A common question that I am asked is what will be my social security disability amount of benefits? It is a question that I am frequently asked, and an important one, at that. Most individuals I represent for Social Security Disability can no longer work because of their medical condition(s), so the amount of social security disability benefits is important to them.
So how are amounts calculated?
First, you can link over to the Social Security website and apply for Online Services. You can do many things regarding social security benefits through that portal. You can request an annual benefit statement that lists current SSA retirement and disability rates. There is also a tab there to calculate future social security benefits. Those are two key areas to start your research into estimated Social Security Disability amounts.
After Winning Benefits
If you apply for Social Security Disability benefits and are approved at the application level, you will receive a letter advising you that your claim has been approved and the letter will be called “Notice of Award.” If you are not approved at the application level, but subsequently are awarded benefits through the hearing process, you will receive the same Notice of Award. The Notice of Award in this situation will list four very specific things that are important to you.
- Will list the back payment that is due to you.
- It will list the dates of the back payment, usually, the day you are awarded benefits and back to the date the ALJ found you to be disabled.
- It will list when your first monthly check is due
- It will list the monthly benefits you will receive.
How is your Social Security Disability Amount Calculated
Calculations are based on the amount of income you have paid into the Social Security system. The calculation is through a complex formula. Essentially, Social Security bases your social security disability amount on the amount of Social Security taxes you’ve paid, which is base don your earnings. These are titled “covered earnings.” Your average covered earnings over a period of years is known as your average indexed monthly earnings (AIME). A formula is then applied to your AIME to calculate your insurance amount , which is the base figure that Social Security uses in setting your Social Security Disability amount. In other words, the higher your career earning, the higher your benefit amount.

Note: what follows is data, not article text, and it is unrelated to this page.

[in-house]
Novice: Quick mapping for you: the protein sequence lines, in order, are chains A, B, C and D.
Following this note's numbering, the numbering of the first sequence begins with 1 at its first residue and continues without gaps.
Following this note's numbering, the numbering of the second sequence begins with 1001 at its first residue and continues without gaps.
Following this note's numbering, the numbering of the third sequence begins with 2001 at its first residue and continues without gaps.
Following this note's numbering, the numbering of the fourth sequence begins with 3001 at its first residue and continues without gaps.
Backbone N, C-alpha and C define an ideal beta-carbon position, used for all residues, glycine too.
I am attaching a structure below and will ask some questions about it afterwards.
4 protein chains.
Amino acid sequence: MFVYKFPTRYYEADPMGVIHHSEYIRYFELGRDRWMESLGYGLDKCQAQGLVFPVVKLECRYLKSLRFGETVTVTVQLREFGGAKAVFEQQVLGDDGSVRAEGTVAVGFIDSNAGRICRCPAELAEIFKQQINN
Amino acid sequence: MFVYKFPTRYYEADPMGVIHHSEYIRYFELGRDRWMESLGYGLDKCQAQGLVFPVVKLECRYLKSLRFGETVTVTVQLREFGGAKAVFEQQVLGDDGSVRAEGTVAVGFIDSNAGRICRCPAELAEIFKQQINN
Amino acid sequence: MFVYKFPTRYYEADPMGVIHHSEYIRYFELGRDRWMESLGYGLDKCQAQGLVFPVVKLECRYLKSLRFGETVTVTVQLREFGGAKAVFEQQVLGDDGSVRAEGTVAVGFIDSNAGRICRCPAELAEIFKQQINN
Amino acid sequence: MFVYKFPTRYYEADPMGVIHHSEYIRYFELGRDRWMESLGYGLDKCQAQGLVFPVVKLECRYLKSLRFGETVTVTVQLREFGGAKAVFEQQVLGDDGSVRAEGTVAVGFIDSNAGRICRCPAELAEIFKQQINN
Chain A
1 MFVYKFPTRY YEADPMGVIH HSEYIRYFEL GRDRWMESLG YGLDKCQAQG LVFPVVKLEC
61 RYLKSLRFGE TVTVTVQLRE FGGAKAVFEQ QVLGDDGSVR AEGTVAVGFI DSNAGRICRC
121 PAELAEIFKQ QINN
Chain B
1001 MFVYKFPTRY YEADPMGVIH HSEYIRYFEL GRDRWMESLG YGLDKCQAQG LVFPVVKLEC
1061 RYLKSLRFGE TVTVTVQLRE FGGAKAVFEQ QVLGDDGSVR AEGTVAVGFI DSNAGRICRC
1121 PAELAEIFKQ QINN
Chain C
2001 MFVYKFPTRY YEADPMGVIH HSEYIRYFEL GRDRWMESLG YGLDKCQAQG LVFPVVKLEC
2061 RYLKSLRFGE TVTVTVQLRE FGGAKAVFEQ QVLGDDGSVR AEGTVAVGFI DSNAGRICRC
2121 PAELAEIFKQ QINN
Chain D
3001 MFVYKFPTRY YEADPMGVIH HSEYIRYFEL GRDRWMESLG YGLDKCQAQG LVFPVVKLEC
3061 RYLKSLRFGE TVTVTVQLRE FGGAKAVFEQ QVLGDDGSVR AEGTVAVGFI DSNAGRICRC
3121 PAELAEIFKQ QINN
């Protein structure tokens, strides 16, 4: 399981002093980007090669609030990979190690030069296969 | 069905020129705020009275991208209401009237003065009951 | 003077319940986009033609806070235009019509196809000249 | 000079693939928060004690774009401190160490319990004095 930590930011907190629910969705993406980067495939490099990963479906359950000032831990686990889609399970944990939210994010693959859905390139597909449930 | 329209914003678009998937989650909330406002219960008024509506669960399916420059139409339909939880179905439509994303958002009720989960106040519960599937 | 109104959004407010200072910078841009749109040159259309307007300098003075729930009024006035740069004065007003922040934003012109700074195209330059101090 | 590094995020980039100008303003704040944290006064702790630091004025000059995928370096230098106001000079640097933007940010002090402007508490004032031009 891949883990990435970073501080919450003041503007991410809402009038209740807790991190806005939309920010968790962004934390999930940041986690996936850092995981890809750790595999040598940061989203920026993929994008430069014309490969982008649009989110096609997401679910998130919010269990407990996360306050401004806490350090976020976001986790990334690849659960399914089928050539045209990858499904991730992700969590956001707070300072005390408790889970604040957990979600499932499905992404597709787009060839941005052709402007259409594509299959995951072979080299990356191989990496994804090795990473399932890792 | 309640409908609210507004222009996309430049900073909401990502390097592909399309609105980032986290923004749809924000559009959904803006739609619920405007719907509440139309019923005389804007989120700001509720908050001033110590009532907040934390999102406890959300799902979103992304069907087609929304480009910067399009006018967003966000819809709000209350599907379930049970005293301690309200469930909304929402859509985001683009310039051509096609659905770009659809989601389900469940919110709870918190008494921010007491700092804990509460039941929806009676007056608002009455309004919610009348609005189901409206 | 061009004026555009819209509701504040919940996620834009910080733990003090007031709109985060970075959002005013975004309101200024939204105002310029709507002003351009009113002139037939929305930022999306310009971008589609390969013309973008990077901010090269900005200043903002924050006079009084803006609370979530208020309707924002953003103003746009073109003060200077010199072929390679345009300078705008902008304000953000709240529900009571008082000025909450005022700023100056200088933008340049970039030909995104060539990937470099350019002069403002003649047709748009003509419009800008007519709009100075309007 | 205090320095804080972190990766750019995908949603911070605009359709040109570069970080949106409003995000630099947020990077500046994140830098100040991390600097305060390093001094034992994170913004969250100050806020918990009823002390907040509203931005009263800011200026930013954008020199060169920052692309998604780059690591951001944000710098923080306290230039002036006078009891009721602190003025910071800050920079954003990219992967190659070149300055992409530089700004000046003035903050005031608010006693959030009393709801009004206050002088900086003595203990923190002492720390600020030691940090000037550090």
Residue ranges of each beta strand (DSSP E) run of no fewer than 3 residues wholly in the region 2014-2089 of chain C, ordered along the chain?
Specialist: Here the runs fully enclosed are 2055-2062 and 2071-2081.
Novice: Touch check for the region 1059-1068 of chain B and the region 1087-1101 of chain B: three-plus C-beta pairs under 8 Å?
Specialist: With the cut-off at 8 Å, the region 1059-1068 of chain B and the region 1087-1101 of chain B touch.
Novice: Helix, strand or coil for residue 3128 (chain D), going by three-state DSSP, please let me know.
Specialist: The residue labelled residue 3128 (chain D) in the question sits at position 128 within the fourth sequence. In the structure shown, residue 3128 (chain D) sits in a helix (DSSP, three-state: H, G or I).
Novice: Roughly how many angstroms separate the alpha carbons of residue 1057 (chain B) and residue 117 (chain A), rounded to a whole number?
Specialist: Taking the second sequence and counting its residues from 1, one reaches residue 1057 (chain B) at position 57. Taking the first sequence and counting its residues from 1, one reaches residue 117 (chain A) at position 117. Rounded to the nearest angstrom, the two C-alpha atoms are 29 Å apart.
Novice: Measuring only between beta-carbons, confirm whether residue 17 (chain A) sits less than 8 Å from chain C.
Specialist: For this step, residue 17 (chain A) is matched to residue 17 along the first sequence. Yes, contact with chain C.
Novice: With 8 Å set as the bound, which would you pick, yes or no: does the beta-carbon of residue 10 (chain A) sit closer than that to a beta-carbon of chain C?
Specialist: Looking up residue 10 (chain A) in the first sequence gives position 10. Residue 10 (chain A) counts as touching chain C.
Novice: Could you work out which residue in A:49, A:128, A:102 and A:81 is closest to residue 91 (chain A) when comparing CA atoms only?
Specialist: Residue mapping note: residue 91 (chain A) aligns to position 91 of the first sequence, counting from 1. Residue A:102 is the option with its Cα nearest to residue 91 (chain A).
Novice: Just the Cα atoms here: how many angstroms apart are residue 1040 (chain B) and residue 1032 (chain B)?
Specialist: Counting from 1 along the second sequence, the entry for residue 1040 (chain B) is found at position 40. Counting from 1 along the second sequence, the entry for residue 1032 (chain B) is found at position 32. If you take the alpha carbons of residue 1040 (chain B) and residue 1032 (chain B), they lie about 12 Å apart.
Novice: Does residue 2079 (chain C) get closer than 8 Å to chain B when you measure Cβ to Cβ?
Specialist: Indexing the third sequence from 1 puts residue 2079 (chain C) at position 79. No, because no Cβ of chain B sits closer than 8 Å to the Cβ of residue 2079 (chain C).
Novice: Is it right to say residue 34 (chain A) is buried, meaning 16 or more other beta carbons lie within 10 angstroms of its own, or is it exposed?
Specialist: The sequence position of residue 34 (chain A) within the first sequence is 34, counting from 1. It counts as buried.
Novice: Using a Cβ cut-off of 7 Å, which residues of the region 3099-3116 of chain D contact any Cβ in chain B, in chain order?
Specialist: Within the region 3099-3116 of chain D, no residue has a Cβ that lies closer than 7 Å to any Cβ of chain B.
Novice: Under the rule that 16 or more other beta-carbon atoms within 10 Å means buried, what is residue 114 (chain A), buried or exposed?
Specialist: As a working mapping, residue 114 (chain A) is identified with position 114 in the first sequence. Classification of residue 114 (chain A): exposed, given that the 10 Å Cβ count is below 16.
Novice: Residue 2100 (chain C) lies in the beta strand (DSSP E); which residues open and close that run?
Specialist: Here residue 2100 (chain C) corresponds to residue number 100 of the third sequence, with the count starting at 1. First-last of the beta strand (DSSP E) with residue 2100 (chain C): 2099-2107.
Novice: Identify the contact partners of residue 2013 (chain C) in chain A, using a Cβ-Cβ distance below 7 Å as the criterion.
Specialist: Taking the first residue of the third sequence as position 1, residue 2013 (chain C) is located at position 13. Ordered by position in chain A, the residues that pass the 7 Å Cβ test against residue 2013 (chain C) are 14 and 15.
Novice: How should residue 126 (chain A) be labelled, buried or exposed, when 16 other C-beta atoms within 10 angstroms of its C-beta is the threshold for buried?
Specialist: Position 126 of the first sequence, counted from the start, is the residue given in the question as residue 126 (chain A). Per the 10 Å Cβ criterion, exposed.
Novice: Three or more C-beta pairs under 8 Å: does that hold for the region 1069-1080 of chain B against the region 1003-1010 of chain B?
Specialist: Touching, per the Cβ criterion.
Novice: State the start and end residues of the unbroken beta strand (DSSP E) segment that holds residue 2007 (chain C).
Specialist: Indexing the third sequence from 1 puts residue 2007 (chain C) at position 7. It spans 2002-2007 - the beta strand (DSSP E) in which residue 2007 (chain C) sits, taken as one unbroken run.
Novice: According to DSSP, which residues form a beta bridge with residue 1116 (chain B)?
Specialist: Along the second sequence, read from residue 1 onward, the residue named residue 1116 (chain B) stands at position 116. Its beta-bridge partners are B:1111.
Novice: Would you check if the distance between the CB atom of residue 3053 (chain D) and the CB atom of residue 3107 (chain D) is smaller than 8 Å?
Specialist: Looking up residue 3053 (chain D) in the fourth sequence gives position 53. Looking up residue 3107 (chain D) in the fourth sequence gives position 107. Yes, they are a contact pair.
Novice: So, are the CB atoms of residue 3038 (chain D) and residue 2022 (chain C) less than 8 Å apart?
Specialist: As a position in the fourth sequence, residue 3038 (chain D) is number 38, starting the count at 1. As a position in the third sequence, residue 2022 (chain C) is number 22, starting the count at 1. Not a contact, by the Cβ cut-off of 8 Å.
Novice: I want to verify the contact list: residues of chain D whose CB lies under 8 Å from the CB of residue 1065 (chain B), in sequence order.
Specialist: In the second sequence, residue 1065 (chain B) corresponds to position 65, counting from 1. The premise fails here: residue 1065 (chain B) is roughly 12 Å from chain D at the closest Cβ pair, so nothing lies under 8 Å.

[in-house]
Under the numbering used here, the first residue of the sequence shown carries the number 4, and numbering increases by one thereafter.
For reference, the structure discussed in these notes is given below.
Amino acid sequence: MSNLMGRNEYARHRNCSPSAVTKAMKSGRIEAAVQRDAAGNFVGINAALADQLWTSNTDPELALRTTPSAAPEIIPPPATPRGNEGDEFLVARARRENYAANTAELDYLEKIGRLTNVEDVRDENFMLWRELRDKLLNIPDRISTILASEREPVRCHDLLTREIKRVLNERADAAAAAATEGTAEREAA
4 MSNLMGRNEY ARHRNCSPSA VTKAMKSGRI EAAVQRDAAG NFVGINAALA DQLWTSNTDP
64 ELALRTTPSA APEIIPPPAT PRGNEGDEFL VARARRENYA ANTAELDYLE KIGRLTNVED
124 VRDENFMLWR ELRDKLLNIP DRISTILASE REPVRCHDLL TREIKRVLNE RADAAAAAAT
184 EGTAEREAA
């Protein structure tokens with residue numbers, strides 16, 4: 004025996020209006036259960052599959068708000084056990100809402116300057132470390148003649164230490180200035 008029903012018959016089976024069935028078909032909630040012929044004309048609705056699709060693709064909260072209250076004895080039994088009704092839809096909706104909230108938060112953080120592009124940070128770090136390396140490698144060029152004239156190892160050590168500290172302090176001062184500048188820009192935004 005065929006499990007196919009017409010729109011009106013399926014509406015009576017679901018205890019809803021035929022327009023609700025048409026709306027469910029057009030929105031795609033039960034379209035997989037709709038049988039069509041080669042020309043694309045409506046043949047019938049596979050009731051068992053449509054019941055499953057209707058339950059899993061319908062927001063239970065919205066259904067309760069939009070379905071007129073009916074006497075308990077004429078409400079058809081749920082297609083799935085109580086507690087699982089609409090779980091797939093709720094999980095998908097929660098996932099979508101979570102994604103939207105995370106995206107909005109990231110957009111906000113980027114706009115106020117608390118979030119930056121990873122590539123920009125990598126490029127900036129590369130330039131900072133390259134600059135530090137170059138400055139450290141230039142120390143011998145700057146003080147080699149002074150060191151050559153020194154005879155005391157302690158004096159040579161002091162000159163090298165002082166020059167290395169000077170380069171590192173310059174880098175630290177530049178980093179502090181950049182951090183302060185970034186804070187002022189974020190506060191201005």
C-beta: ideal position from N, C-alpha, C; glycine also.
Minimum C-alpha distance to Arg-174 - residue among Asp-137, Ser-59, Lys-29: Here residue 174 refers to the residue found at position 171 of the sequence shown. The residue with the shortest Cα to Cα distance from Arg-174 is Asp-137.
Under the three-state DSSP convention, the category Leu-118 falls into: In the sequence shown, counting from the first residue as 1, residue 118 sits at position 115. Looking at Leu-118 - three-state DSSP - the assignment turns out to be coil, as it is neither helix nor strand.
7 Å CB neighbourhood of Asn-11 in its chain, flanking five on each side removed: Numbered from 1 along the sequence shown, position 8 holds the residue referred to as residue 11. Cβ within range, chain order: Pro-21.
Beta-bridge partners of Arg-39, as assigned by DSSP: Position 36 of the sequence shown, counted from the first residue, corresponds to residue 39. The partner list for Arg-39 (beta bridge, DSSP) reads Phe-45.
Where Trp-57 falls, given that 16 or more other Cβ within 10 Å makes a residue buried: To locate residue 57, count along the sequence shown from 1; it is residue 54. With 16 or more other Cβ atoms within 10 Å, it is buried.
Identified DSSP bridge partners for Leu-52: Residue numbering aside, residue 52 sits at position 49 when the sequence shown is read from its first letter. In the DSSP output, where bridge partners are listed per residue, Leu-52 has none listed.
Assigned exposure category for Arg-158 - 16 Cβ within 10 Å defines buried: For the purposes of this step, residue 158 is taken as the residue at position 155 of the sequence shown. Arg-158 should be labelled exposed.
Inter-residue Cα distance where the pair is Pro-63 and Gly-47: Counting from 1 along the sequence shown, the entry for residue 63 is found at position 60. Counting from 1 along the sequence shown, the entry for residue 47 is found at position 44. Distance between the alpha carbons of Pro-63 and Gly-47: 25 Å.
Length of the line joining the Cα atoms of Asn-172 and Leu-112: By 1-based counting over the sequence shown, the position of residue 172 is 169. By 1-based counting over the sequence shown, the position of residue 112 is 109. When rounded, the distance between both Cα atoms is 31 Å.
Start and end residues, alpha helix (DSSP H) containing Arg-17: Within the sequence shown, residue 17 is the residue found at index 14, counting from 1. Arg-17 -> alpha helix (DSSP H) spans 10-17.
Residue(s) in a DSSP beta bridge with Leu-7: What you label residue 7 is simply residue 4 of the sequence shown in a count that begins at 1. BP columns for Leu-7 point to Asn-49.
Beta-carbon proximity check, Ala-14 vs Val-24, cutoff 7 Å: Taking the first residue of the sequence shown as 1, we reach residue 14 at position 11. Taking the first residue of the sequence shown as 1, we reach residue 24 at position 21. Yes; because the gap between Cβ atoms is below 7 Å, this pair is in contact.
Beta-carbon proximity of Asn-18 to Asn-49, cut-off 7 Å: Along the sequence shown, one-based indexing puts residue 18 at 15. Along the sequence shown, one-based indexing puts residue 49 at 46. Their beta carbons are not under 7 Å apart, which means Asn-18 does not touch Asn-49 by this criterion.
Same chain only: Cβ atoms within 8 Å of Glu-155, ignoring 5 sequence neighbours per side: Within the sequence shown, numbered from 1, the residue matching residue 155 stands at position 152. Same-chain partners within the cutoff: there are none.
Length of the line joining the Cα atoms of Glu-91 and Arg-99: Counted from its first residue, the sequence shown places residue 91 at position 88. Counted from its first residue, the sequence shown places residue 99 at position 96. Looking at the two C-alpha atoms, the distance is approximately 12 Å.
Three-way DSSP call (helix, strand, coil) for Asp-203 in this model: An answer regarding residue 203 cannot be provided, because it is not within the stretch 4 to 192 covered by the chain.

That certainly is not a simple explanation, but is the best I could do.
Not Covered Income
Unfortunately, I have run across individuals who have had several jobs over years in which they were paid ‘under the table’. Seems like a brilliant idea at the time, although it really isn’t because it is illegal. It is called tax evasion and has significant financial and criminal repercussions. Another significant repercussion is those earnings are not reportable income for social security disability purposes, since no taxes were paid. I have seen clients come in, who have worked very hard for years, but unfortunately not in a reportable job, and then they are clearly disabled, yet not eligible for ANY benefits. It is completely devastating. You do not pay in, you do not get credit. It is that simple.
If you have applied for Social Security Disability benefits and have been denied, do not hesitate to contact us right away. You only have a short amount of time to file an appeal from the date of your denial letter. Your consultation is FREE OF CHARGE. Help us help you win Social Security Disability benefits that you may be entitled to. Contact me today. We represent individuals in Pennsylvania and Maryland.